4. Manage your weight

Obesity is a well-established risk factor for dementia. In a 2020 study, subjects with obesity were 34 percent more likely to develop dementia than those who were normal weight; the risk for women was even higher (39 percent). But how are the two linked?

Neurons, like all cells, use glucose for their energy source. But they can't take it up without normal insulin function. Excess body weight (especially around the belly), not exercising, smoking and short sleep make it harder for insulin to move into cells, leading to insulin resistance. That's a stepping-stone to type 2 diabetes, and those with that condition have about a 60 percent increased risk of developing dementia.

Losing weight is the best way to prevent, or even reverse, insulin resistance. According to the American Diabetes Association, losing as little as 5 to 7 percent of your body weight can be enough. If you're taking an insulin-regulating medication like metformin, staying on track with it is extremely important for long-term cognitive health. A 2020 study found that people with type 2 diabetes who didn't take metformin were more than five times more likely to develop dementia over six years.

5. Learn new things

Just like bodies, brains are meant to be active, Daffner says. Even animals benefit from brain stimulation. “We have beautiful animal work showing that mice who live in enriched, interesting environments have more neurons in the brain, more connections between neurons and a greater ability to resist or compensate for neuronal damage.”

One of the most important human studies on this subject was “ACTIVE,” which randomized participants to three kinds of cognitive training (memory, speed and reasoning). Ten years later, when participants were around 82 years old, those who had taken the training still retained their gains. Compared with controls, they were doing better in their daily activities, including maintaining independence and driving, and had better thinking skills. Those assigned to the processing speed training were 29 percent less likely to have dementia.

Crossword puzzles and sudoku, often suggested as brain exercises, may not offer the best training, Daffner points out, especially if they are too easy and don't require “mental sweat.”

"The trick is to challenge yourself, but not with something so difficult that you give it up,” he says. There are dozens of brain-training programs for sale, and not all are created equal. The Alzheimer's Association has some brain fitness recommendations. Your health care provider may be able to suggest some, too.


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6. Get good sleep

We're all familiar with the dopey fog of insomnia that resolves with an afternoon nap. But chronic short sleep — particularly in midlife — can damage the brain. Lack of sleep interferes with the brain's nightly cleaning cycle. During deep sleep neurons produce less beta amyloid and tau (proteins at the heart of Alzheimer's) and secrete more of them as waste.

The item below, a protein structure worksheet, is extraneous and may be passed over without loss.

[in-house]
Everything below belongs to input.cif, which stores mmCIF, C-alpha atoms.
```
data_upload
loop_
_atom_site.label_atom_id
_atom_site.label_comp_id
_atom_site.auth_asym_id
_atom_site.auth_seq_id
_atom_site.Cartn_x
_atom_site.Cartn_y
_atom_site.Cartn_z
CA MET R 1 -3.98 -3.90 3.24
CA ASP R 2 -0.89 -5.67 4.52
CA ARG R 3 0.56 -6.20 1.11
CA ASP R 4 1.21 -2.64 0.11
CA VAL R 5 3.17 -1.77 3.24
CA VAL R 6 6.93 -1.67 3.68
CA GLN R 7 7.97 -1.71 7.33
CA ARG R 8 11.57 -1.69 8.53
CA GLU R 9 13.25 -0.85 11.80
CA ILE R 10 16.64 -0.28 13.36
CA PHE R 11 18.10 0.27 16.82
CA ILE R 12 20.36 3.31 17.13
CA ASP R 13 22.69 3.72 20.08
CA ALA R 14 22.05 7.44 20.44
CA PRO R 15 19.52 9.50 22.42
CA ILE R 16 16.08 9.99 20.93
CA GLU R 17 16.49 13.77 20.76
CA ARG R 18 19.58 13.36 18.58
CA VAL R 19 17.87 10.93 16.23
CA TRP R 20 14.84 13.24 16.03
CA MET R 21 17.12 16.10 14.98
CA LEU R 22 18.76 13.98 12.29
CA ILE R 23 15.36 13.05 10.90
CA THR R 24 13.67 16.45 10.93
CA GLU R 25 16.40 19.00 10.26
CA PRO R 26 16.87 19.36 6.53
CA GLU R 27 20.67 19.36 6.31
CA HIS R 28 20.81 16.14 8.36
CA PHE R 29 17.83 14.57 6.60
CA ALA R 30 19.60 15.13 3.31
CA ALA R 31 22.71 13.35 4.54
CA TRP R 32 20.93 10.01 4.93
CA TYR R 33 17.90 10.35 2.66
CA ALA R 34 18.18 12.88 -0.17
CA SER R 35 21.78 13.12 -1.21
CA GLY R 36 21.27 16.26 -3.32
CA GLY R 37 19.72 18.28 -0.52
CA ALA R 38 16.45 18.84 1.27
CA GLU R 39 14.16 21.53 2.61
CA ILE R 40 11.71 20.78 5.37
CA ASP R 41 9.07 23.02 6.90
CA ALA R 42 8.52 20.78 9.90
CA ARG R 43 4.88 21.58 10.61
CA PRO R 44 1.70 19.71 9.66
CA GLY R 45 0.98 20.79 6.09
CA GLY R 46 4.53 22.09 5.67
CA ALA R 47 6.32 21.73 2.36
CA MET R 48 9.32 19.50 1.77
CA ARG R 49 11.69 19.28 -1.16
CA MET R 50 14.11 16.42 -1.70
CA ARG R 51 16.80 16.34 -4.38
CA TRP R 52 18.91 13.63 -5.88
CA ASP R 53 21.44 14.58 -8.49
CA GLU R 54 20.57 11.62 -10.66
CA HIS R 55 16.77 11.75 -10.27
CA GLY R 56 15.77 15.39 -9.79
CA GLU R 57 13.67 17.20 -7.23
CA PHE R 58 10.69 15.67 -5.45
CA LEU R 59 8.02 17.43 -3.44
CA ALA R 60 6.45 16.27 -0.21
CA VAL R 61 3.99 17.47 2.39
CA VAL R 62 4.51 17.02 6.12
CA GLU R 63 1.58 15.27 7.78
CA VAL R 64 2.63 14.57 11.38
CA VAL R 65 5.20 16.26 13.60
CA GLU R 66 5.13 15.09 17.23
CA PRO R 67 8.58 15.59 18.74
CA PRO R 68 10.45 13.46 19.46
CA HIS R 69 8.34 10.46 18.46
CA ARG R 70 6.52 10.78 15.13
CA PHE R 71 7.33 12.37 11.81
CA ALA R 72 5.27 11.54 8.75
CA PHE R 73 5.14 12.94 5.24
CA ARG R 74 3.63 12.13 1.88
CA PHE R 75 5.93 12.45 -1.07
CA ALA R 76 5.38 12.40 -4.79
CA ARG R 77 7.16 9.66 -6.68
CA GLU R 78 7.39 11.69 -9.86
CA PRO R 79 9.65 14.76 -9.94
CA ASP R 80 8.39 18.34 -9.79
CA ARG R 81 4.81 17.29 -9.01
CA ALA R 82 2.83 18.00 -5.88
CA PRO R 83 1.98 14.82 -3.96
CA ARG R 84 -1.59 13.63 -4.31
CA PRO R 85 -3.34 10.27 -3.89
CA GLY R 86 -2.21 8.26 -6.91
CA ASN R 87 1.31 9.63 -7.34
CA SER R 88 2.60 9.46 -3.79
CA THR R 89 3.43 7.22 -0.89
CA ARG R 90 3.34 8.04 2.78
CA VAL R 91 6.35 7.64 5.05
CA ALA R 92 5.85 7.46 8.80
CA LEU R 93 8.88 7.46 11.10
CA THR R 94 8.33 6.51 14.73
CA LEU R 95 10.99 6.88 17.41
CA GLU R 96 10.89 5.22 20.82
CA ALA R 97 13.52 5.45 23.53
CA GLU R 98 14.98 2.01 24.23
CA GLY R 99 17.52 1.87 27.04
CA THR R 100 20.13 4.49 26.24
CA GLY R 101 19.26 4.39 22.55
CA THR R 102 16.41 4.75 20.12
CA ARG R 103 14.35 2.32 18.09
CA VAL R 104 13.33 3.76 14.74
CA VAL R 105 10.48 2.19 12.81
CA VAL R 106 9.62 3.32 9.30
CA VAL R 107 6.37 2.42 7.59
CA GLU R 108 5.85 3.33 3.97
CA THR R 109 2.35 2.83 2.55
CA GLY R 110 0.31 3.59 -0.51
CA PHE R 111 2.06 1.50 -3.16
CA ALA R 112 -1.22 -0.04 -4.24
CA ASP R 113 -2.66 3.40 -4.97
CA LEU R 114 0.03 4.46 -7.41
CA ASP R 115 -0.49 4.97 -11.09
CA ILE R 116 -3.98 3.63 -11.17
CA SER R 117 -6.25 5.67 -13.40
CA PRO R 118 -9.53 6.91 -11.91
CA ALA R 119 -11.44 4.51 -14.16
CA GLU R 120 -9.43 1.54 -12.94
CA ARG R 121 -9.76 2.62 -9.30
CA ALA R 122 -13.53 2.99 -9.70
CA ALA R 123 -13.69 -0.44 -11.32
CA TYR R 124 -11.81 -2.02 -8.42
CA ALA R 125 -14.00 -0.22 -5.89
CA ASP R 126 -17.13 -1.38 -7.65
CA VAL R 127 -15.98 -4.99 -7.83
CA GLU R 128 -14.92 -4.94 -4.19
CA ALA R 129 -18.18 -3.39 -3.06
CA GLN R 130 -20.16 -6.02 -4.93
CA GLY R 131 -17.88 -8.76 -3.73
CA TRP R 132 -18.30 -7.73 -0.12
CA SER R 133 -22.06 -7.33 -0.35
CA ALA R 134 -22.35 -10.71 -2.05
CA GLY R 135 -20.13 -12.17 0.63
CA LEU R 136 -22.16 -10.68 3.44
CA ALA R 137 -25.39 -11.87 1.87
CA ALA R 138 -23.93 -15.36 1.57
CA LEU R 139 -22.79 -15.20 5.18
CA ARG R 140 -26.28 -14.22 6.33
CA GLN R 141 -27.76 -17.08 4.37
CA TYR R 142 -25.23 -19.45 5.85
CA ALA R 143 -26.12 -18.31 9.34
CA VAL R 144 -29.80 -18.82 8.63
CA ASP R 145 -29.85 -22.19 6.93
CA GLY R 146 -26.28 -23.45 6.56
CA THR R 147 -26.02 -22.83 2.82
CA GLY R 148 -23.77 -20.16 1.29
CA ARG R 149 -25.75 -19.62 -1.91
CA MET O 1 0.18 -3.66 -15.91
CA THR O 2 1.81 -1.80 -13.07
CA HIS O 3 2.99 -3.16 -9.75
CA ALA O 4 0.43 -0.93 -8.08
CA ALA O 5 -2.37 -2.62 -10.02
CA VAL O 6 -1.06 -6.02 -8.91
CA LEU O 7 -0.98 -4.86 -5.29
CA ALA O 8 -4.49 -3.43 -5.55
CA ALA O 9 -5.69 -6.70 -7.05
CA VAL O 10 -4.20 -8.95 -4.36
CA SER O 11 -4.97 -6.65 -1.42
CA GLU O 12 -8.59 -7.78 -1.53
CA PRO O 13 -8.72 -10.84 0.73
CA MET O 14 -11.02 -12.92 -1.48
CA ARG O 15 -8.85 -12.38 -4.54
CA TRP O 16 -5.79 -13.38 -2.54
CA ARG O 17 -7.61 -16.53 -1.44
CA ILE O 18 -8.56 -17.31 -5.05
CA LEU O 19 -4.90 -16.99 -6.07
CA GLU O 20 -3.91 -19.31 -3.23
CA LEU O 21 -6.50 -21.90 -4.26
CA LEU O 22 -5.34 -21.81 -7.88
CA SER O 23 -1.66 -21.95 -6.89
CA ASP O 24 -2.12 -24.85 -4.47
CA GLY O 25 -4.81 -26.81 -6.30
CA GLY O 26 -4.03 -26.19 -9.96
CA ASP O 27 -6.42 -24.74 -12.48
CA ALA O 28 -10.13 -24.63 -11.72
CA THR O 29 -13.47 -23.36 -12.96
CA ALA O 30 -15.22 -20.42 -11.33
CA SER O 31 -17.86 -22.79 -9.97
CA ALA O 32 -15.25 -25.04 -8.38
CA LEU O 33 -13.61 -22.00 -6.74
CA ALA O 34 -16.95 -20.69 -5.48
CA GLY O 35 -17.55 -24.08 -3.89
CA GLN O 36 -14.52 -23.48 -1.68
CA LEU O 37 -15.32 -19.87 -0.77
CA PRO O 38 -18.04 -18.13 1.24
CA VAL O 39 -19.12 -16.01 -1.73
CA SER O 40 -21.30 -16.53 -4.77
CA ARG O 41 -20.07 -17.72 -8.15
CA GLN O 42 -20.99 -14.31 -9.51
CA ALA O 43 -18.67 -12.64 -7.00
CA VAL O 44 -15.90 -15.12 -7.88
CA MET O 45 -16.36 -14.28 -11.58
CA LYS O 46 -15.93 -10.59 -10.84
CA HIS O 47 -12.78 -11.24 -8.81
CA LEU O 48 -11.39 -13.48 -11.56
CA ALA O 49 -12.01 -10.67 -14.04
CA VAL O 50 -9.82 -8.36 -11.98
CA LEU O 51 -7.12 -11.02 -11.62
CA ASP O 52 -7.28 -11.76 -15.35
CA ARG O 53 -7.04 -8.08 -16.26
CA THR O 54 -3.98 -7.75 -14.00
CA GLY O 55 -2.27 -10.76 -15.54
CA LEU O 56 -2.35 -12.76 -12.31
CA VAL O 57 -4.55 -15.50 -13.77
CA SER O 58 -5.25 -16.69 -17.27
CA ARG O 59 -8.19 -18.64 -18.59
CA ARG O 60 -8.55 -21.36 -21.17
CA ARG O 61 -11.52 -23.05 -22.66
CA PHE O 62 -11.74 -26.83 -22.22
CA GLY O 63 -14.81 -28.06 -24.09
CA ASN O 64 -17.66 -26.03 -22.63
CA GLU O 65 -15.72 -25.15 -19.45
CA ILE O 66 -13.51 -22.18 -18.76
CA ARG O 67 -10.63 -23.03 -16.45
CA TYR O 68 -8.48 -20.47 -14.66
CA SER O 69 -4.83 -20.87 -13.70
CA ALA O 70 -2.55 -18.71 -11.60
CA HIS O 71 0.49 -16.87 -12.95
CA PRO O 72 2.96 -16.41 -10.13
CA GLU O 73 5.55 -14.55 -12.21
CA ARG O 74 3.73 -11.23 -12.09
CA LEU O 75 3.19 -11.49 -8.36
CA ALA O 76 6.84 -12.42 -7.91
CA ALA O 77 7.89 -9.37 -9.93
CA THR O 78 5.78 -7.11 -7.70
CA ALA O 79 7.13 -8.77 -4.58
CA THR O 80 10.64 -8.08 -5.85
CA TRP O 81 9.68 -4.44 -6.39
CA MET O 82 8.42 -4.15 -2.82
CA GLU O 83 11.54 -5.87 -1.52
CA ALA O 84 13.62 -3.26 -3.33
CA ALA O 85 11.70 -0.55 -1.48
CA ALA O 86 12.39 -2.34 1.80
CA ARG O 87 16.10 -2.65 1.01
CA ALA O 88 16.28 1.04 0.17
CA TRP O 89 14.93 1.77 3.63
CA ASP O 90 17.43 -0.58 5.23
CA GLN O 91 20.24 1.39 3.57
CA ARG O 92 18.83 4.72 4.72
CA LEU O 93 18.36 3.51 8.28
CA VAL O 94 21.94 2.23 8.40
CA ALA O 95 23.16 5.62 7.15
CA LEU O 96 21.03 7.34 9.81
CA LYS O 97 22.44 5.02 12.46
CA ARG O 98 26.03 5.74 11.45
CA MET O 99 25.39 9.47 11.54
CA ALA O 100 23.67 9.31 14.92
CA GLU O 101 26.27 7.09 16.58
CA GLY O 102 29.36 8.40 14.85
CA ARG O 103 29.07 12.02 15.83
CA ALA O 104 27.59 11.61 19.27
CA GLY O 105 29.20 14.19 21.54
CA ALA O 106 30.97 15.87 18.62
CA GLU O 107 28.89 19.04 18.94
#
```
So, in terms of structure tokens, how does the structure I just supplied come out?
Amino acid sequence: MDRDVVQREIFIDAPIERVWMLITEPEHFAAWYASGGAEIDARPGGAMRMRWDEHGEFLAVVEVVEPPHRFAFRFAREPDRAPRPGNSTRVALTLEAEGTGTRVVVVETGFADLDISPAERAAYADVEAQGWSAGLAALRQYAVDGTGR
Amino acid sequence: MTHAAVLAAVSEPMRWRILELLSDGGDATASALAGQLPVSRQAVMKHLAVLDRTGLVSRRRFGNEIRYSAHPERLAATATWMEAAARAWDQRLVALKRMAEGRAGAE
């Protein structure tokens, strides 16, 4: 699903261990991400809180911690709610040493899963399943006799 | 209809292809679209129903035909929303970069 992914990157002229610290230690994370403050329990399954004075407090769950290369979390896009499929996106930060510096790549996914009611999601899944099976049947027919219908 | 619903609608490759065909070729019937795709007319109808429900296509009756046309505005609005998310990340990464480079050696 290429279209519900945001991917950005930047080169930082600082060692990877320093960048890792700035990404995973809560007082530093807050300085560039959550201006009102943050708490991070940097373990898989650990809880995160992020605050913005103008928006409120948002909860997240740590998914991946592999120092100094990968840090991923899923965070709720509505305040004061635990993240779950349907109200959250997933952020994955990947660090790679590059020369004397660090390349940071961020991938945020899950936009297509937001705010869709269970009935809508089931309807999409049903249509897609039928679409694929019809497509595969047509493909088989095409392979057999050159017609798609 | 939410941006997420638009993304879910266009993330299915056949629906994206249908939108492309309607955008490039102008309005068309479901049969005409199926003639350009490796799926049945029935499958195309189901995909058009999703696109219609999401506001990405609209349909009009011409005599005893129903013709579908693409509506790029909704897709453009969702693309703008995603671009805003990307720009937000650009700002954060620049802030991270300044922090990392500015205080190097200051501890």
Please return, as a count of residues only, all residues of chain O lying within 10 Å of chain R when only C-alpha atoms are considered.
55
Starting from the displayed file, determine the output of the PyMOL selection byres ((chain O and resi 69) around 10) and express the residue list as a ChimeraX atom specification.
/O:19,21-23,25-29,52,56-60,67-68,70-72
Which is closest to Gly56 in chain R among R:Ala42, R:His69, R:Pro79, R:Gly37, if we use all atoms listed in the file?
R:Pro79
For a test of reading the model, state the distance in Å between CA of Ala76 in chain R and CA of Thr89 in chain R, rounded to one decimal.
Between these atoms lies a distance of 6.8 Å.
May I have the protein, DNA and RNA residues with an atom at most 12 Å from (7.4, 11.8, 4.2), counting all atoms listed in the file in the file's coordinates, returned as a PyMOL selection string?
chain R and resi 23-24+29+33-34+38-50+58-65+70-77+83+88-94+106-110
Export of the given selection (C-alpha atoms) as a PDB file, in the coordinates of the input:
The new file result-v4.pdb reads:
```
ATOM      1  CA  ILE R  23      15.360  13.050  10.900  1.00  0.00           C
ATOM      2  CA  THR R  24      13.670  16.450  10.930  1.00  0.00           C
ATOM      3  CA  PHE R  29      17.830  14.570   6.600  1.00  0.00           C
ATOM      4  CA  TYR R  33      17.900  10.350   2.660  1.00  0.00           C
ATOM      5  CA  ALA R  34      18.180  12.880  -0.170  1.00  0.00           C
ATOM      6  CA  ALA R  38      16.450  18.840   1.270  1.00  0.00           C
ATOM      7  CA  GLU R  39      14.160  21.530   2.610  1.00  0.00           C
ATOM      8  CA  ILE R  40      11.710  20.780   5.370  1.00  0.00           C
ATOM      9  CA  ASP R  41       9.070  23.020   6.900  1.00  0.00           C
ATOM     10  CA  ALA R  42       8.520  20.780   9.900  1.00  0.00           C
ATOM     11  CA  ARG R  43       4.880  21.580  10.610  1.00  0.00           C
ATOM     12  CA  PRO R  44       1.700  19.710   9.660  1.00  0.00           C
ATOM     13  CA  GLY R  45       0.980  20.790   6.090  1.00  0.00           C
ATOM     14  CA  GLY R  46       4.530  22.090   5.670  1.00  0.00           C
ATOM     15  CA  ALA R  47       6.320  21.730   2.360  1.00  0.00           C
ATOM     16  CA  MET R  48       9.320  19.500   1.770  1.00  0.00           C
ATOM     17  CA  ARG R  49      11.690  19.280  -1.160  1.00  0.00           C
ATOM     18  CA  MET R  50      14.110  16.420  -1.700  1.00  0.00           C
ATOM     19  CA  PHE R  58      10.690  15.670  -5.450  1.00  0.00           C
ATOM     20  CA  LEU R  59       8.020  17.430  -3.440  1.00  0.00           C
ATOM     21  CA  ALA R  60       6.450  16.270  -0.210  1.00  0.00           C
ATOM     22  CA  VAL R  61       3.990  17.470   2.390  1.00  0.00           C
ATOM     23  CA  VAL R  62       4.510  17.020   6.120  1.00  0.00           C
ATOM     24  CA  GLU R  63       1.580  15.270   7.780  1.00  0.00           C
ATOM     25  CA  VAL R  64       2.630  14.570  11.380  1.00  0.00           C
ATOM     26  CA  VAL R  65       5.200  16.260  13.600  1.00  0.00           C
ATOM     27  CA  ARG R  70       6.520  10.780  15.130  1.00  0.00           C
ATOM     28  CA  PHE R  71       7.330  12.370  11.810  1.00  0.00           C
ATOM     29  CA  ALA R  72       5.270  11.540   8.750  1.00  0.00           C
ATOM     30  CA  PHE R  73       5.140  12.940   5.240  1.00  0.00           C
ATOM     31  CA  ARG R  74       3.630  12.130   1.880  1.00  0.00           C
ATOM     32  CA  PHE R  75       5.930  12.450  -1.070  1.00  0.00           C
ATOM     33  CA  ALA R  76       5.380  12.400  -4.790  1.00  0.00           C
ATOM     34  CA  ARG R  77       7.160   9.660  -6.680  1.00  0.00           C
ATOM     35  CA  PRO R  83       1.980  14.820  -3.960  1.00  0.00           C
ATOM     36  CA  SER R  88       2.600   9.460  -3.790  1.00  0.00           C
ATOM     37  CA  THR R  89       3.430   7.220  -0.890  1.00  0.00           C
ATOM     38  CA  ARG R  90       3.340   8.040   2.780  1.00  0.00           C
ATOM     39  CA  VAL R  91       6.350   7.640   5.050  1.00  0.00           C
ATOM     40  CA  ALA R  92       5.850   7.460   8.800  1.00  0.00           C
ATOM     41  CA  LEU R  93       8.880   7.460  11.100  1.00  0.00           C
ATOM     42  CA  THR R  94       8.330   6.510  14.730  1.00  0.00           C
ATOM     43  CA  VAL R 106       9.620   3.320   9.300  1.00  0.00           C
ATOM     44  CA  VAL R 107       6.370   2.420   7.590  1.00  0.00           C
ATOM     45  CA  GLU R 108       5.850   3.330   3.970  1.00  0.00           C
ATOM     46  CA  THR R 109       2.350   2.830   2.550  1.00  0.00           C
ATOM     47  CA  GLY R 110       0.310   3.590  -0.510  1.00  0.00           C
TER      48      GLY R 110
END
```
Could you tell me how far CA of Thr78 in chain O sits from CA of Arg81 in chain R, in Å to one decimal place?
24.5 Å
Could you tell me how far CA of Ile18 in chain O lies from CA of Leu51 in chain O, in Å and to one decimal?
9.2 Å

Sleep disorders are rampant in the U.S., according to the American Sleep Association, affecting 50 to 70 million Americans. Obstructive sleep apnea (OSA) — a temporary cessation of breath, followed by gasping — is a common problem, and it has been associated with cognitive impairment and structural changes in the brain. It's also linked to obesity, increasing age and poor muscle tone — good reasons to lose weight and get some exercise. Sleep physicians can help with medication, OSA equipment and psychological training systems that are designed to help you get better rest.

7. Manage stress

Stress is not just a state of mind but a state of body, and it exerts powerful physical changes in the brain.

"Stress has direct adverse effects on health, including blood sugar, blood pressure and abdominal obesity,” Sabbagh says. “And it's a very serious disruptor of sleep."

The stress hormone cortisol, which puts the body in fight-or-flight mode, also travels to the part of the brain known as the hippocampus. Animal studies have shown that cortisol can shrink the hippocampus. Other studies show that it actually changes the structure of neurons.

This work has now been extended to humans. One study of older adults found that those with more self-reported stress had significantly lower hippocampal size; another found that the risk of dementia rose by 2 percent for every stress symptom reported.

Mindfulness meditation can reverse some of those changes — and quickly. A study showed positive changes in a number of brain regions after just 40 days of the practice. Participants’ brain waves changed, too, and they reported improvements in depression. Interested in learning more? The American Psychological Association can explain the benefits of mindfulness meditation and how to get started.